Soap de Marseille and Black Soap

BLACK SOAP WITH SAVON DE MARSEILLE

Be careful not to confused the two kinds of black soaps! Even if they are similar in color and texture, they do not have the same composition. The body Black soap made of from an olive paste (crushed and macerated in olives) in salt and potash (potassium olivaate). It is presented in the form of a softer paste of a darker brown. Black Soap Household, is composed of potash and a fat body, olive oil, linseed oil, glycerin... Manufacture like all soaps, black soap is obtained by saponification. The materials necessary for the manufacture of black soap, are olive oil and potash (KOH). We use a mixture of oil and oils of black olives crushed and macerated in salt and potash. The formulas vary but the basic elements are always the same. So It’s an unnatural substance. The manufacture of black soap is the result of a slow and nonreversible transformation called hydrolysis or saponification. What is saponification? In Summary, it is a chemical reaction that reappears a neutralization but where the acid is an organic fat and where the products are a nonneutral salt, and glycerin: base + fat (acid) = soap + glycerin. This chemical transformation, which takes place at a temperature between 80 and 100 °c, is done in several phases: emulsion, autocatalysis, then saponification slow. At the end of this transformation, the ingredients used have disappeared. This saponification produces a mixture of potassium carboxylates that constitutes soap and glycerol or glycerin (a byproduct of this reaction). The Black Soap Thus obtained, is a paste of vegetable and oily scrub, perfectly smooth. Its consistency makes it look like honey. As for its color, it varies from green, dark brown to black. It depends on the oil used and the manufacturer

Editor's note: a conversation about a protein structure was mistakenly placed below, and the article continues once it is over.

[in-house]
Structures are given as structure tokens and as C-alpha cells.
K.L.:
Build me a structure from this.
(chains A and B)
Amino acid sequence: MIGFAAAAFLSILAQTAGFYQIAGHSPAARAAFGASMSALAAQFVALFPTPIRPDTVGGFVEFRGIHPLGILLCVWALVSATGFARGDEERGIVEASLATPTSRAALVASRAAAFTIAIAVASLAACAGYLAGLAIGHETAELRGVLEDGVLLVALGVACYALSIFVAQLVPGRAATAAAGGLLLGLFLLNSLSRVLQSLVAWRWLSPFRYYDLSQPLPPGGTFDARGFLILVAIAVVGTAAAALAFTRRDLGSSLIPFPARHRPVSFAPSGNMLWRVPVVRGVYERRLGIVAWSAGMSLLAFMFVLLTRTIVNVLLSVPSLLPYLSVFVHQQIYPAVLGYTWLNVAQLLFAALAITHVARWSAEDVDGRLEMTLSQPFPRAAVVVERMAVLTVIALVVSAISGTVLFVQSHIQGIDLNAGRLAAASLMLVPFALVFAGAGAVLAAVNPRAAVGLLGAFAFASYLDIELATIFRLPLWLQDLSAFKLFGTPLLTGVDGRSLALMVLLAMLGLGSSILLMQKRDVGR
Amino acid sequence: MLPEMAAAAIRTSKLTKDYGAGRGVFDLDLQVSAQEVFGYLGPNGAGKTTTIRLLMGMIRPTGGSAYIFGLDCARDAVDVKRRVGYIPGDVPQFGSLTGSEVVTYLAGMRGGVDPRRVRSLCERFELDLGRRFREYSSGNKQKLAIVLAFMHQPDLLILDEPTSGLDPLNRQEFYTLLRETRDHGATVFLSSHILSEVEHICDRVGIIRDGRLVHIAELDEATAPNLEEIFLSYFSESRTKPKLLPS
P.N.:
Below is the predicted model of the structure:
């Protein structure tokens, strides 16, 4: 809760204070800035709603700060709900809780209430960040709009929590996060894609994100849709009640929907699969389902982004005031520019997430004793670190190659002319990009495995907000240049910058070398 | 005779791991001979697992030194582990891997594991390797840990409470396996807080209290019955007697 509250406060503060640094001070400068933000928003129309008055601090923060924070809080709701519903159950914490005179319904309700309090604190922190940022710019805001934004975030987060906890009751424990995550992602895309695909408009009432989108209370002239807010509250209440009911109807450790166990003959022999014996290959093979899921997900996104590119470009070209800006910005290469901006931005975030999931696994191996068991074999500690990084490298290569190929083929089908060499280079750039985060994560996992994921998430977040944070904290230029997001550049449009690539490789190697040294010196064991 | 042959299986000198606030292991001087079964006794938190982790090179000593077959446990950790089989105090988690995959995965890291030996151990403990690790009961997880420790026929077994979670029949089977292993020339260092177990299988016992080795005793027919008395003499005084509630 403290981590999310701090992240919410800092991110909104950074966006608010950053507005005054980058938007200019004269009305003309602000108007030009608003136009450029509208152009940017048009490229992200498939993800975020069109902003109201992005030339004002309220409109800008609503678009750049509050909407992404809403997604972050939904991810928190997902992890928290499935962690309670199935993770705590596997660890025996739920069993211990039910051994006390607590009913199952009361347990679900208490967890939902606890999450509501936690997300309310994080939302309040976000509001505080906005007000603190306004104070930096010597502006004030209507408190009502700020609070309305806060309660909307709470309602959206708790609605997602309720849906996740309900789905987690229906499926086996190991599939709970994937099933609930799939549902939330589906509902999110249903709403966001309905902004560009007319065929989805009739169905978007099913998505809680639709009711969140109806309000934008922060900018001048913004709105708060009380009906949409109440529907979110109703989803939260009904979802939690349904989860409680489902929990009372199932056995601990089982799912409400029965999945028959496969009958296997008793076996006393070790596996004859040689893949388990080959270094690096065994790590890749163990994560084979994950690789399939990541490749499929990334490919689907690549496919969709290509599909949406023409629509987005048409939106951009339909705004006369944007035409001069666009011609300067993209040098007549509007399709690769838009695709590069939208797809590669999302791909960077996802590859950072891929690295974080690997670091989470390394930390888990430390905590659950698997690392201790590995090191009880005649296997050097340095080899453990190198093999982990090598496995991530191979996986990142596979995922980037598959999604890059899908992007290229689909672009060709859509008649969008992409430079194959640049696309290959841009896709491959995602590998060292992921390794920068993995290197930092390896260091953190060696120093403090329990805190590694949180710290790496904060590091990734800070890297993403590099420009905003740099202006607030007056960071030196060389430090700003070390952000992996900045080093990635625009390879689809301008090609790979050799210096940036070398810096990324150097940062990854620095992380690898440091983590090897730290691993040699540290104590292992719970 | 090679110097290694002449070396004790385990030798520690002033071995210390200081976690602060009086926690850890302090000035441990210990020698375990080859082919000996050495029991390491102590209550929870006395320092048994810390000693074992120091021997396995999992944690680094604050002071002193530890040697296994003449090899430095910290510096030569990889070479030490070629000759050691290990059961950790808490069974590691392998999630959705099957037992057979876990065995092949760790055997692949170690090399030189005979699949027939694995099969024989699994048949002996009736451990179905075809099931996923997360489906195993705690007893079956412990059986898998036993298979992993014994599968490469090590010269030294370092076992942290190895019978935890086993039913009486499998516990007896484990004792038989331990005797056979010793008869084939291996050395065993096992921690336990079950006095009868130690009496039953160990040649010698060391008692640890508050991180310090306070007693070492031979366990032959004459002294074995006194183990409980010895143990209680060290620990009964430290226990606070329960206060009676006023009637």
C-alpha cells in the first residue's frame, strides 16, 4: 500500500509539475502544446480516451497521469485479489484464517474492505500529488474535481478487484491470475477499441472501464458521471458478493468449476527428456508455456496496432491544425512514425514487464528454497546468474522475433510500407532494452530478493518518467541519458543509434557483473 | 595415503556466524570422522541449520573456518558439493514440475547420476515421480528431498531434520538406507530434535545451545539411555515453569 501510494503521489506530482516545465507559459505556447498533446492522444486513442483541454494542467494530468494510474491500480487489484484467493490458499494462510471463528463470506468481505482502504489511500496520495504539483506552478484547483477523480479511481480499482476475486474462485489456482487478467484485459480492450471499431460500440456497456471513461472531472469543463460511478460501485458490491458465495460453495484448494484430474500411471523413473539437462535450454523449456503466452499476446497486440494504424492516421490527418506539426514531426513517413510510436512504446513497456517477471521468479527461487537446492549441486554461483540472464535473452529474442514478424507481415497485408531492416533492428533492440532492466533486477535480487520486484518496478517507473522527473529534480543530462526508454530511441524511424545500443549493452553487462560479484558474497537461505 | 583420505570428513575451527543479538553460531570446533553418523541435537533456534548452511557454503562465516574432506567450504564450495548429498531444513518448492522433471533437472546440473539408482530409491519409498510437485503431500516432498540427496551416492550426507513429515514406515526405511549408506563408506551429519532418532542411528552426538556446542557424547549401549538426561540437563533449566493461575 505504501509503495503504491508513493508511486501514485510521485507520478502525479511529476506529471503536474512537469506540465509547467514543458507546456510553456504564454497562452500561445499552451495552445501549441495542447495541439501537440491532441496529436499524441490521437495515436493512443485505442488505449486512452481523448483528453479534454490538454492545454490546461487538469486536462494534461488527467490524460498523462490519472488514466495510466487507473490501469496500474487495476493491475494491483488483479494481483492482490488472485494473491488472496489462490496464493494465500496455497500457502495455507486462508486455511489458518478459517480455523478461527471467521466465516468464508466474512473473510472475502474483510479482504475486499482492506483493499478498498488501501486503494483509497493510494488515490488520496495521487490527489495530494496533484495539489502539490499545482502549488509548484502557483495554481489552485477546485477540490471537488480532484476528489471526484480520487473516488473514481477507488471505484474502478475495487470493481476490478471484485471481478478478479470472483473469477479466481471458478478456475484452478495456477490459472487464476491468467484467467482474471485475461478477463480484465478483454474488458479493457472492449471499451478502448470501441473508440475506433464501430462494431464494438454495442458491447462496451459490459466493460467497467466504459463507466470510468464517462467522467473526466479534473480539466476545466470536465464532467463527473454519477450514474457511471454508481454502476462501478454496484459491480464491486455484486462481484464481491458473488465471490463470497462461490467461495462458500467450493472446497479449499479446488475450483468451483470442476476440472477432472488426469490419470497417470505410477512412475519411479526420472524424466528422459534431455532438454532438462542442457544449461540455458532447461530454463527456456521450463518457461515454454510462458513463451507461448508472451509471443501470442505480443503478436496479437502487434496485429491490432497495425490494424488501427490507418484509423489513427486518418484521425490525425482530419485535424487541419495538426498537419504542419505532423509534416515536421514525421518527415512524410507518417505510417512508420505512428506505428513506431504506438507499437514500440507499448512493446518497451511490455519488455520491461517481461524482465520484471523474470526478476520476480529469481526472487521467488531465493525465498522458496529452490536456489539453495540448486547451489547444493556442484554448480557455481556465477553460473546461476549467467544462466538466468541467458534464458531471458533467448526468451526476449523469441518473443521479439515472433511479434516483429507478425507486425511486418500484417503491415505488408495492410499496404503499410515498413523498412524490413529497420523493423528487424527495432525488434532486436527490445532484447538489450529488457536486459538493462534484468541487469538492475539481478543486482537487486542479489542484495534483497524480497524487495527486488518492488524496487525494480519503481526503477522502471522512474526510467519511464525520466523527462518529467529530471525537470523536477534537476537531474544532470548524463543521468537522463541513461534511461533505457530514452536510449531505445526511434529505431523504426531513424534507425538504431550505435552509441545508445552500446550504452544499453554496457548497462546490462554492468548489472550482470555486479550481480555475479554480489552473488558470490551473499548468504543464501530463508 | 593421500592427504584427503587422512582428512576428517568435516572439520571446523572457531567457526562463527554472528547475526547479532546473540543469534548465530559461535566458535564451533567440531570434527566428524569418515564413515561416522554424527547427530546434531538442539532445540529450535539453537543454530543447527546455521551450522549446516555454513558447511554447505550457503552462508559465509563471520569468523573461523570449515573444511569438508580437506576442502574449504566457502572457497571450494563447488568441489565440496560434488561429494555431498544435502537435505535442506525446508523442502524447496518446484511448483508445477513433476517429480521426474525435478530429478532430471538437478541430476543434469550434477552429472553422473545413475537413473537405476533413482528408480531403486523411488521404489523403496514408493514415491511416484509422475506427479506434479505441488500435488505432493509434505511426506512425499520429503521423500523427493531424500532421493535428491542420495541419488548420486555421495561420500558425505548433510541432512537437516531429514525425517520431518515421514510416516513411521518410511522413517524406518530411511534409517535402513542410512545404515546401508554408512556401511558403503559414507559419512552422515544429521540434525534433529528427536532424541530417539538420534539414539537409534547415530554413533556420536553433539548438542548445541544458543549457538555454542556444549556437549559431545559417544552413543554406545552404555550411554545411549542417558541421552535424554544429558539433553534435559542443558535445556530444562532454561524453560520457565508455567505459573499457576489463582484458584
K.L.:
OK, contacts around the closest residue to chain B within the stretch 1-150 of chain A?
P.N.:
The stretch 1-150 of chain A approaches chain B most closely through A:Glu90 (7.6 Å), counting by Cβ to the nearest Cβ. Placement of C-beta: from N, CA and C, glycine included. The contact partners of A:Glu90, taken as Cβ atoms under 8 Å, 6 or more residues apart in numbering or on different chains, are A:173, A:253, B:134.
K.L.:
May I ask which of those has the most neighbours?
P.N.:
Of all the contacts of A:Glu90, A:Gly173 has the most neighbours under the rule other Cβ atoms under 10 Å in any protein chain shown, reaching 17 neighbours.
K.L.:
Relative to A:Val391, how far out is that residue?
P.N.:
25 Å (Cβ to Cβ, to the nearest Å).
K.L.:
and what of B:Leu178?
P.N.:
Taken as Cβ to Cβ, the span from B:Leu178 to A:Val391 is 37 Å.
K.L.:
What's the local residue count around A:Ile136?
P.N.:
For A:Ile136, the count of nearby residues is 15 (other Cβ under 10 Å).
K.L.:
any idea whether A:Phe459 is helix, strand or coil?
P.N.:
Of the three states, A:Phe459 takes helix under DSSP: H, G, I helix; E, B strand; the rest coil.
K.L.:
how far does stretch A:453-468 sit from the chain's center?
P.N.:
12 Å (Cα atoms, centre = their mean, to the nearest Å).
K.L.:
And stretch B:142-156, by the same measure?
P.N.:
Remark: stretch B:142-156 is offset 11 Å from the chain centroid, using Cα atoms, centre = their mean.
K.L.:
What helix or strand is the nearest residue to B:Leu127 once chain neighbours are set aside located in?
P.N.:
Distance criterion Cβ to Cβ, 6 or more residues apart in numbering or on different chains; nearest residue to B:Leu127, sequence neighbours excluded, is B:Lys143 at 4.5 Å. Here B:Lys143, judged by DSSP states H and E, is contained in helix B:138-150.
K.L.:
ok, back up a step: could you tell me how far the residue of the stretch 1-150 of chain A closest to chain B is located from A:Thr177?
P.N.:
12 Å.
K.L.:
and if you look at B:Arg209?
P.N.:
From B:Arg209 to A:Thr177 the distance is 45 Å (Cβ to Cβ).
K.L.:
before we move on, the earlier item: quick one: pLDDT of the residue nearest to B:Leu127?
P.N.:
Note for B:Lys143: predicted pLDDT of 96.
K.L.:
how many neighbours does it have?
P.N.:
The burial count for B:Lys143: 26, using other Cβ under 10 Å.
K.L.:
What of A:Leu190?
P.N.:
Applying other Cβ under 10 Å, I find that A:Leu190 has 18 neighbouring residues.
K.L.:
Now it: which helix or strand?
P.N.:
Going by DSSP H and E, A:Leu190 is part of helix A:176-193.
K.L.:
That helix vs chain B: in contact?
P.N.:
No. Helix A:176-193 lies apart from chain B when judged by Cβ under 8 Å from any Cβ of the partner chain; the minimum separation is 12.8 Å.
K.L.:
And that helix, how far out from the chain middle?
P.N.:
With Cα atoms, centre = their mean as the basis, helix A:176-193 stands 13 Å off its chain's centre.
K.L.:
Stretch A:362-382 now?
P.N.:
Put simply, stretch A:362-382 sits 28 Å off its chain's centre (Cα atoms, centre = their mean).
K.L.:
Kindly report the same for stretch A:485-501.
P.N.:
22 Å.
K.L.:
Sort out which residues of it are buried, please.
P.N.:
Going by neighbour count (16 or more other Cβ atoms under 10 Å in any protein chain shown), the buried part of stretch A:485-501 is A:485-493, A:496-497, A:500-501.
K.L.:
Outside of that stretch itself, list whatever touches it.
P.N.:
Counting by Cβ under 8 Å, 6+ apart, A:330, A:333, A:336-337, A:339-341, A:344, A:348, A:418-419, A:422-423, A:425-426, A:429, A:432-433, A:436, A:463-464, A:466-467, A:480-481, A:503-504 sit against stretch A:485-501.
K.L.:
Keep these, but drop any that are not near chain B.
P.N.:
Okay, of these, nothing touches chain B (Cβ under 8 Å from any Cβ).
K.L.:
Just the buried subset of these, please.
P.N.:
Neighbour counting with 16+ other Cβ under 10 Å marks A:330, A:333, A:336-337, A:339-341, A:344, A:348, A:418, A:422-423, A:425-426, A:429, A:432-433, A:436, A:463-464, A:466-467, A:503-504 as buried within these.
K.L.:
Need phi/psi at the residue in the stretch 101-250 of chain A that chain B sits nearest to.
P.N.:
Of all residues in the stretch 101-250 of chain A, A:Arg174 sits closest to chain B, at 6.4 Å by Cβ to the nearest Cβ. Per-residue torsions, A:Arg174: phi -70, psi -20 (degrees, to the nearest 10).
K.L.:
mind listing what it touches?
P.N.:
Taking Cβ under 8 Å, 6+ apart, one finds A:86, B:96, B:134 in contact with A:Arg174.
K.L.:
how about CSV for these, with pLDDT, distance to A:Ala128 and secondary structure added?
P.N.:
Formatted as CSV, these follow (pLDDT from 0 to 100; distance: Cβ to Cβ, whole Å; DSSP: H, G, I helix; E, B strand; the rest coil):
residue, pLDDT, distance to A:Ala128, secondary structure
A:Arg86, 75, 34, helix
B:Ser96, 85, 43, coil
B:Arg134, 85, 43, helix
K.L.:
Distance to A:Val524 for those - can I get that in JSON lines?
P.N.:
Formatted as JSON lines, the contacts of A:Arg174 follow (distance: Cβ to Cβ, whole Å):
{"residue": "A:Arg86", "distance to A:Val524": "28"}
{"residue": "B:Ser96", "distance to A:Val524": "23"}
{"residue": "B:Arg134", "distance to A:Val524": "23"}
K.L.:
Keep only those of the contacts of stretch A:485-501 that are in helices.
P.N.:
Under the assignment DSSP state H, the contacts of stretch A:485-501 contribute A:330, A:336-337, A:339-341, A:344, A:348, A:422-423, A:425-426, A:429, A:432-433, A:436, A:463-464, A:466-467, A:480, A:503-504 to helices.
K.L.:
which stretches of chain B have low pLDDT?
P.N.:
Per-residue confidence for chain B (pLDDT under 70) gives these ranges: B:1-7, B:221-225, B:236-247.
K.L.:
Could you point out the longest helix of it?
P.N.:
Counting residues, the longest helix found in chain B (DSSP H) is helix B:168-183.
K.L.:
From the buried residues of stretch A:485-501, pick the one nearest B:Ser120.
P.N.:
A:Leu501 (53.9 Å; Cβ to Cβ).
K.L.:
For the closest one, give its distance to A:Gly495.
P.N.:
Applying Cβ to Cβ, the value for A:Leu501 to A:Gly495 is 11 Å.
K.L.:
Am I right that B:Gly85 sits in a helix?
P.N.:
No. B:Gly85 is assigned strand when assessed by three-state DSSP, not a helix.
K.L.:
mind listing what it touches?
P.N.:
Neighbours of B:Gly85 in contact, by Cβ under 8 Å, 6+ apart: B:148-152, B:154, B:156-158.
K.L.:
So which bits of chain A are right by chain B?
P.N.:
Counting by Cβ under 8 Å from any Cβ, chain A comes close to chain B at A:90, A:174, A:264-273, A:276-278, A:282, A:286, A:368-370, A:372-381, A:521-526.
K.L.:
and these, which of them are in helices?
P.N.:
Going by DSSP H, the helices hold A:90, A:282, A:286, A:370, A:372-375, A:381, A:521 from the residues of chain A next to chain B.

Laundry soap flakes made of 100 % vegetable soap of Marseille available in

 

  • 1lb
  • 2.2lb=1kg
  • 10kg
  • 25kg
  • soap of marseille flakes 1lb

Leave a Reply

Fill in your details below or click an icon to log in:

WordPress.com Logo

You are commenting using your WordPress.com account. Log Out /  Change )

Google+ photo

You are commenting using your Google+ account. Log Out /  Change )

Twitter picture

You are commenting using your Twitter account. Log Out /  Change )

Facebook photo

You are commenting using your Facebook account. Log Out /  Change )

Connecting to %s

This site uses Akismet to reduce spam. Learn how your comment data is processed.